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S U M M A R Y

Remarks on Three Pieces of Architectural Sculpture from the Excavations at the Rhodiapolis Episcopal Church
Engin AKYÜREK – Ayça TİRYAKİ*
In 2007, excavations were started at the basilical church in Rhodiapolis, located within
the territory of Kumluca, Antalya Provence. This church is another example of those terminating
with a straight wall on the east side concealing the apse and the adjoining pastophoria.
Numerous examples of this type of church construction exists in Syria and along
Mediterranean coast of Anatolia. This church is part of a complex encompassing a small
chapel adjoining the prothesis and another building on the north. A doorway to the east
of the church’s north aisle leads to the chapel and also this building. As Rhodiapolis was
a bishopric, this large church, located on the acropolis of the city, was likely the city’s cathedral
and espikodieon. Taking into account parallel examples, the building on the north
might have been the bishop’s residence. The foundation of the church can be possibly dated
to the end of the fifth and sixth centuries.
Rhodiapolis is mentioned in bishopric lists until the ninth century. Excavations have
brought to light Byzantine objects no later than this date. Some construction alterations,
possibly a second phase of the building, cannot be dated precisely at this time but
evidence suggests it would not have been much later than the original construction.
These architectural alterations include the construction of the chapel on the north of the
prothesis, and the prothesis doorway opening to the north aisle which was blocked and
then transformed into a window. The superstructure of the prothesis was rebuilt in a
vault or dome-like construction and the east part of the north aisle was bordered with a
templon parapet. The three pieces of stonework studied in this article were used here as
part of the bordering.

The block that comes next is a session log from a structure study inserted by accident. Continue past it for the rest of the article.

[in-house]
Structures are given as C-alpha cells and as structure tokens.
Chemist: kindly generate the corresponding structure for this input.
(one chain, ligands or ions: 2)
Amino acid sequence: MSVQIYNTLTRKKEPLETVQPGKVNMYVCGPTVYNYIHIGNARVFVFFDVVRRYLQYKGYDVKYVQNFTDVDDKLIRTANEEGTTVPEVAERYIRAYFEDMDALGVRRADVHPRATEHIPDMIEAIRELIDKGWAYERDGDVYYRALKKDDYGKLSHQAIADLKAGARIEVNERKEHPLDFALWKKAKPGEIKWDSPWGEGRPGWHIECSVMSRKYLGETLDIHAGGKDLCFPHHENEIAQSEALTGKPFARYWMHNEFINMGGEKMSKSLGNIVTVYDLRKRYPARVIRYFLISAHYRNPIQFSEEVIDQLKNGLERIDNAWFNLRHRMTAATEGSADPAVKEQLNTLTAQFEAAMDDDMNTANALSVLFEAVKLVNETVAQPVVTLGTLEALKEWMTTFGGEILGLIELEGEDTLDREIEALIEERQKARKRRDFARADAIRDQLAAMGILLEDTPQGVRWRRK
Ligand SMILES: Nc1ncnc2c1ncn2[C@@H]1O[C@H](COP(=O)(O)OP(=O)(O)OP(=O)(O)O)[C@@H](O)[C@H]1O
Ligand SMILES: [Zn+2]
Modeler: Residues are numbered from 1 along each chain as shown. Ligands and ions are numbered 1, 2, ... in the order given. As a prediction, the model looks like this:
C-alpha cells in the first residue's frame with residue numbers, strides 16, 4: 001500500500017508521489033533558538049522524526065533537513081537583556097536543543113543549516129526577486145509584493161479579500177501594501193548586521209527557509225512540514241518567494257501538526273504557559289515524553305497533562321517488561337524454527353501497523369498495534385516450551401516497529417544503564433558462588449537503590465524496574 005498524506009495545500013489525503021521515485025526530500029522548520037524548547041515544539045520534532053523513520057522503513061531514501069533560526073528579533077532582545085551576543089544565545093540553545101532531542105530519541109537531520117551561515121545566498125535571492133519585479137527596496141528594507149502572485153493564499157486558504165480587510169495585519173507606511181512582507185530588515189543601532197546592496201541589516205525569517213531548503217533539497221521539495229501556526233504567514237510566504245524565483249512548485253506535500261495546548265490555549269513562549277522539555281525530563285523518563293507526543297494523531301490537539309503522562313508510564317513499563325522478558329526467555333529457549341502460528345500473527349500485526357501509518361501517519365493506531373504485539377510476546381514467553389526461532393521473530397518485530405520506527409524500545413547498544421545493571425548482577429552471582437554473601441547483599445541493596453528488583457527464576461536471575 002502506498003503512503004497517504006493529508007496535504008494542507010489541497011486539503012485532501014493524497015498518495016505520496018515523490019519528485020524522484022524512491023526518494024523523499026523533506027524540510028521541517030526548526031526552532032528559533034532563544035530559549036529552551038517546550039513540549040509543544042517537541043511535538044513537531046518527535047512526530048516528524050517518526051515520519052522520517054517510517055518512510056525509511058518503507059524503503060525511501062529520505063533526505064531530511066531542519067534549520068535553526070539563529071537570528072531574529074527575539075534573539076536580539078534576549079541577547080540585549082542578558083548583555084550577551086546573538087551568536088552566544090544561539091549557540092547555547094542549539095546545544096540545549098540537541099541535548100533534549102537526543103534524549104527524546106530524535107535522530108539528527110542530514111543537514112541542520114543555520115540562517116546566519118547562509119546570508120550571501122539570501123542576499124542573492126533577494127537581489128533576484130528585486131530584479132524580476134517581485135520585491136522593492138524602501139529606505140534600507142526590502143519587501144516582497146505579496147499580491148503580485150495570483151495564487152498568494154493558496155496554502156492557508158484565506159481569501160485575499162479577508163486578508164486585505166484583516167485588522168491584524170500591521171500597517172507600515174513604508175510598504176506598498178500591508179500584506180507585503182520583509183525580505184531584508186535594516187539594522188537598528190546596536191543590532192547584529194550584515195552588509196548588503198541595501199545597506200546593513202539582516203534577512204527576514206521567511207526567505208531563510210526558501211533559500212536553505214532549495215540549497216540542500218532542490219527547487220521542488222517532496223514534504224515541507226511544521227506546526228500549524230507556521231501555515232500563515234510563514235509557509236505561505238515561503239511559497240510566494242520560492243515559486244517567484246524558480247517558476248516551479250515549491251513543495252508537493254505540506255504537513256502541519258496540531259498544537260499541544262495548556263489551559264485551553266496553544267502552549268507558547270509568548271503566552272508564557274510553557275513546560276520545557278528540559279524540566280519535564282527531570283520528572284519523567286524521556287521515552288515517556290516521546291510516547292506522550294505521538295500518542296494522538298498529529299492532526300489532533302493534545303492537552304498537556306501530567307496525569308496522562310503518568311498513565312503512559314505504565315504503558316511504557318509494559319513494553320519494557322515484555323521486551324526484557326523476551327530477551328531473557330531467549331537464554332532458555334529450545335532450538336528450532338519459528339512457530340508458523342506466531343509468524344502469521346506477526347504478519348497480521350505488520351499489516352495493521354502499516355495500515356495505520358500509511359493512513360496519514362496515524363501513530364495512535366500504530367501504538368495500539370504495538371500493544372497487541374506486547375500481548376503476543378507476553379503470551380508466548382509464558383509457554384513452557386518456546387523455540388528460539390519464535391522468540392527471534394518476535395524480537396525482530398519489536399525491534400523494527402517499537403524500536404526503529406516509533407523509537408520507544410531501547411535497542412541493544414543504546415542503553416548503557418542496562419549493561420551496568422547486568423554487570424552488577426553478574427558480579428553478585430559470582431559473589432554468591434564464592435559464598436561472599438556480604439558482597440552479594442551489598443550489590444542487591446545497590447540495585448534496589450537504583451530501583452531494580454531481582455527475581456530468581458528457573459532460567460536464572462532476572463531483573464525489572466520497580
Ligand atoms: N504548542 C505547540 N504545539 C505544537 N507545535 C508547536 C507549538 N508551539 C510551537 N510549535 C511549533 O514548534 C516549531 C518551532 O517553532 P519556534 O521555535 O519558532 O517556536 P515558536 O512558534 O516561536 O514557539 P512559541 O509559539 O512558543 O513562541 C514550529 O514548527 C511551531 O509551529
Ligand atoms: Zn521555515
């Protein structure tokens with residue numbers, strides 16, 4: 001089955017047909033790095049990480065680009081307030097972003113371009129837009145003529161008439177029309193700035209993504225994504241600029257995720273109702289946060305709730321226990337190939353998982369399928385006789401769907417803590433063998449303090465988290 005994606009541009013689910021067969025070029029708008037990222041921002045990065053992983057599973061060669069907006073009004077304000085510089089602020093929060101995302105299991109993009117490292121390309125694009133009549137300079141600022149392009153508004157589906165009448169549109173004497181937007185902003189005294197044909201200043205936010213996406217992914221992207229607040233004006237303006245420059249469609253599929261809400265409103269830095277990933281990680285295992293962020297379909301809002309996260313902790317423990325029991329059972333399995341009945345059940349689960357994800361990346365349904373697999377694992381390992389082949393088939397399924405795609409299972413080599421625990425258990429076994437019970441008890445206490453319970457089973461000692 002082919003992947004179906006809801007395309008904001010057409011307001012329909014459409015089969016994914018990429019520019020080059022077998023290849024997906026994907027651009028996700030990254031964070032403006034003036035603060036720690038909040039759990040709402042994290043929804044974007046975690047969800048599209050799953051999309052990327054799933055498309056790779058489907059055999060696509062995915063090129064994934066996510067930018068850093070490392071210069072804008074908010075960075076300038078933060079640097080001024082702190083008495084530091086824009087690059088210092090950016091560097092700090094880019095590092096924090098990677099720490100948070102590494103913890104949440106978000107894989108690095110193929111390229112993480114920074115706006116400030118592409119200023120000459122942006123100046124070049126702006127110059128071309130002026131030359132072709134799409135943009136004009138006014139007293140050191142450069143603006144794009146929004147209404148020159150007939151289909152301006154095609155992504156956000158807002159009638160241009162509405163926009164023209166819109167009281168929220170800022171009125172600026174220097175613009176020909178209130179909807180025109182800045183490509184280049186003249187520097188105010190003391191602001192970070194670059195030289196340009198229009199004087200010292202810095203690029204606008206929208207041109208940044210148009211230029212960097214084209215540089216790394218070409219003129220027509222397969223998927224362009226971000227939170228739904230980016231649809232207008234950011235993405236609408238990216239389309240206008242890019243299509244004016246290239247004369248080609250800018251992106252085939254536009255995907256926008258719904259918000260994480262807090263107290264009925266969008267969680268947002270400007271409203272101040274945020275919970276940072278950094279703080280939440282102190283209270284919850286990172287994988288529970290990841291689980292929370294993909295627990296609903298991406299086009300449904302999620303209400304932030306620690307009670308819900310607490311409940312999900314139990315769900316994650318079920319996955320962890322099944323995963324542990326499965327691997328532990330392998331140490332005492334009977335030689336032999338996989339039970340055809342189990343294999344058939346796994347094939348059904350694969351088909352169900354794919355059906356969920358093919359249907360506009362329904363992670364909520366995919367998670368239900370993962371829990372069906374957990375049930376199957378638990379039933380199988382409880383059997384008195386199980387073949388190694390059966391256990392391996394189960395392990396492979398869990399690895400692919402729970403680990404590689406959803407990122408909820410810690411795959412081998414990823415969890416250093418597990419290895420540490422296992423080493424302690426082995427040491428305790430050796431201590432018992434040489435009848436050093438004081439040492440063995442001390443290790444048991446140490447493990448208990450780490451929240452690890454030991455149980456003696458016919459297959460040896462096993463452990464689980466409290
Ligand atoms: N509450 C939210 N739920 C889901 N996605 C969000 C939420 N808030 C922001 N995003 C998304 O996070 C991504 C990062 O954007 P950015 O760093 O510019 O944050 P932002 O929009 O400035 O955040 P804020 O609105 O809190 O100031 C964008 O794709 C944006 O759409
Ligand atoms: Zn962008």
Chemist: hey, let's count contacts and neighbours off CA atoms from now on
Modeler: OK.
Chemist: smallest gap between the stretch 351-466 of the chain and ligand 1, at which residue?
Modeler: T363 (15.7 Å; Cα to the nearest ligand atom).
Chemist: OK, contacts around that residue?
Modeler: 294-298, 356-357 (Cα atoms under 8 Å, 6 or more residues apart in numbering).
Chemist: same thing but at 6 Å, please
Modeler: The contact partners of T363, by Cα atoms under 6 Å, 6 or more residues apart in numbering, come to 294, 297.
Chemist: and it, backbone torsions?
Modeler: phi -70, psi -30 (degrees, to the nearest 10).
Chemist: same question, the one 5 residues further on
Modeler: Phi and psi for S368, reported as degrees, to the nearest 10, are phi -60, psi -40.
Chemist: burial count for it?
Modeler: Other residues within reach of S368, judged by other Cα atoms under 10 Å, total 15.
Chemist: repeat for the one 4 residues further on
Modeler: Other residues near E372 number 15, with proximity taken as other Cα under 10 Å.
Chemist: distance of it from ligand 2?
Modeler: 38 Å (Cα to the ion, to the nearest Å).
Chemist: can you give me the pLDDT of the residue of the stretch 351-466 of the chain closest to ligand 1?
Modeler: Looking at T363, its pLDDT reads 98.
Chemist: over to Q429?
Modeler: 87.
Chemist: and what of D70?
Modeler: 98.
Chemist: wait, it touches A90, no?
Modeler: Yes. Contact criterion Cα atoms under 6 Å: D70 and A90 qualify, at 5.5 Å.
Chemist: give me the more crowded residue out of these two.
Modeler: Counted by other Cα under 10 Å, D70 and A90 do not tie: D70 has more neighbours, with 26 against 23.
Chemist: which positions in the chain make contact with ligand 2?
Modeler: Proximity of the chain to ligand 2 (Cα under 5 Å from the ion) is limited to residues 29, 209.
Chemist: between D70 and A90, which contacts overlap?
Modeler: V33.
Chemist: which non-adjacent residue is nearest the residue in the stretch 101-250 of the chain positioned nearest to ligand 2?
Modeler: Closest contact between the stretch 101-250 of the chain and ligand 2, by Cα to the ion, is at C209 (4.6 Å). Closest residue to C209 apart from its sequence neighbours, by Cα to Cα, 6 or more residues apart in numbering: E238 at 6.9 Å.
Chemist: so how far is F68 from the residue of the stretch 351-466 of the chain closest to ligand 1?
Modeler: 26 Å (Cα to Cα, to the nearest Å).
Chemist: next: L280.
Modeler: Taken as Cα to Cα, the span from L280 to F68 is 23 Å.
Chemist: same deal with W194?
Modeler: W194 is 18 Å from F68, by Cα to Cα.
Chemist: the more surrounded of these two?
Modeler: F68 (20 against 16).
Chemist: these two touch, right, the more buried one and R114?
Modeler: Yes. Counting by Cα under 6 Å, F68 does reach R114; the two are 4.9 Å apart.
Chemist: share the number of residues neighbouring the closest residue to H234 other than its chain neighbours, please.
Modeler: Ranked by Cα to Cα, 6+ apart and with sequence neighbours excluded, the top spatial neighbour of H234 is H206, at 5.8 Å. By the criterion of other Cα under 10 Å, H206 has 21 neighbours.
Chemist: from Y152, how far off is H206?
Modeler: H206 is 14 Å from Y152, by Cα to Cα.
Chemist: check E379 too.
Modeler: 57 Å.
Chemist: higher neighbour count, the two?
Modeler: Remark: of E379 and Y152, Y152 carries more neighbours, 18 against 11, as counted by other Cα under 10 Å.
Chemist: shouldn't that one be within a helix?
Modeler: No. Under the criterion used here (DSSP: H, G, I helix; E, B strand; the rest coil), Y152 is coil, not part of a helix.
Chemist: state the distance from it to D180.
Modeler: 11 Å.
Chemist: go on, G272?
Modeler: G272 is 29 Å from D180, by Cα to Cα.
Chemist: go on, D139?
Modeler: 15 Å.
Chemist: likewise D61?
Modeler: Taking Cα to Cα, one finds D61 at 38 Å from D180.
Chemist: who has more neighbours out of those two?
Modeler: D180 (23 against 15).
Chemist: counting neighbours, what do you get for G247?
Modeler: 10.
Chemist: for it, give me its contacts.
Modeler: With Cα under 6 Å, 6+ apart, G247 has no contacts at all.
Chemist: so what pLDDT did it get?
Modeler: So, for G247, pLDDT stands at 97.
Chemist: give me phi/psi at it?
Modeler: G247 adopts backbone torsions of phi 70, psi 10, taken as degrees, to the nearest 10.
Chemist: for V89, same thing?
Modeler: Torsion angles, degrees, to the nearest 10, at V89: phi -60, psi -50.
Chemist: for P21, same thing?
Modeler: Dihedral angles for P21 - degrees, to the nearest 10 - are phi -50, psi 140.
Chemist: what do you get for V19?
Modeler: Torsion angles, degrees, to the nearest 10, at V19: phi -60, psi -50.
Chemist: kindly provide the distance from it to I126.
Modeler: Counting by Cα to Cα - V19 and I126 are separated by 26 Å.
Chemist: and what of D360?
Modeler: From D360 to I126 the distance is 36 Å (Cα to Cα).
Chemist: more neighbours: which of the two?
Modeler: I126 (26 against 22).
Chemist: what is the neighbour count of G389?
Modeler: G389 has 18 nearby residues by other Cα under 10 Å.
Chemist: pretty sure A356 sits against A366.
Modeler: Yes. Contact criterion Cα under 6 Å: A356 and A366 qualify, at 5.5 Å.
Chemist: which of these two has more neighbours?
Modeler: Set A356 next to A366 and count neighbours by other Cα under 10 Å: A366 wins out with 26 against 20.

The architectural sculpture pieces uncovered are very rich. Among them two panels
with openwork and a templon pier, uncovered in the east part of the north aisle, are worthy
of note. One panel, with openwork in a fish scale motif, is a rare templon slab and was
uncovered almost intact next to the stylobate of the aisle. The fish scale motif is applied in
three rows on the top and bottom of the panel and are connected with another three rows
in the middle, but its fish scales are more pointed and inscribed with a cross motif within
a square. This panel belonged to the north part of the templon. Another slab features a
geometric composition of alternating squares and hexagons. Its thickness, however, is almost
double that of the others and its stone and workmanship quality is lower, suggesting
it was not used in the templon. This panel is broken and many pieces are missing but its
lower part was uncovered in situ. The panel stood perpendicular between the first column
on the stylobate and a templon pier that damaged the floor mosaics of the north aisle; the column base was cut to hold the slab. The templon pier, which is worked on three sides,
was removed from the templon entrance and reused here, together with the panel with
geometric composition.
Three figures in relief on the front side of the templon pier are common examples of
Early Byzantine religious symbolism. On top are two large fish with a small one in between,
while in the middle, two birds are drinking water from a kantharos with fish below,
and, in the bottom frame is a hare. On one lateral side extends a foliate of vine with grapes
and leaves while on the other lateral side extends a spiral motif. Two clamp holes on
this lateral side shows that this pier was originally used at the entrance of the templon on
which the door wing was attached.
In their second use, this templon pier and the panel with geometric composition were
used as part of a separator to divide the eastern part of the north aisle, leaving a space
for access. This alteration is from the same time as the construction of the chapel and
is a modification of the prothesis connected to the chapel. Thus, the bishop’s residence,
chapel and the prothesis connected to it, and the east part of the north aisle, all formed a
group of interconnected rooms with limited access from outside. The panel with fish scale
decoration, according to its findspot, probably formed the south border of the templon.
It is clear that these rooms were used together and normally closed to laity, but not yet
clear why these alterations were made or what function they served.

* Prof. Dr. Engin Akyürek
İstanbul Üniversitesi Edebiyat Fakültesi, Sanat Tarihi Bölümü, Bizans Sanatı Anabilim Dalı, Laleli, İstanbul
E-posta: eakyurek@istanbul.edu.tr
Arş. Gör. Dr. Ayça Tiryaki
İstanbul Üniversitesi Edebiyat Fakültesi, Sanat Tarihi Bölümü, Bizans Sanatı Anabilim Dalı, Laleli, İstanbul
E-posta: aycatir@istanbul.edu.tr

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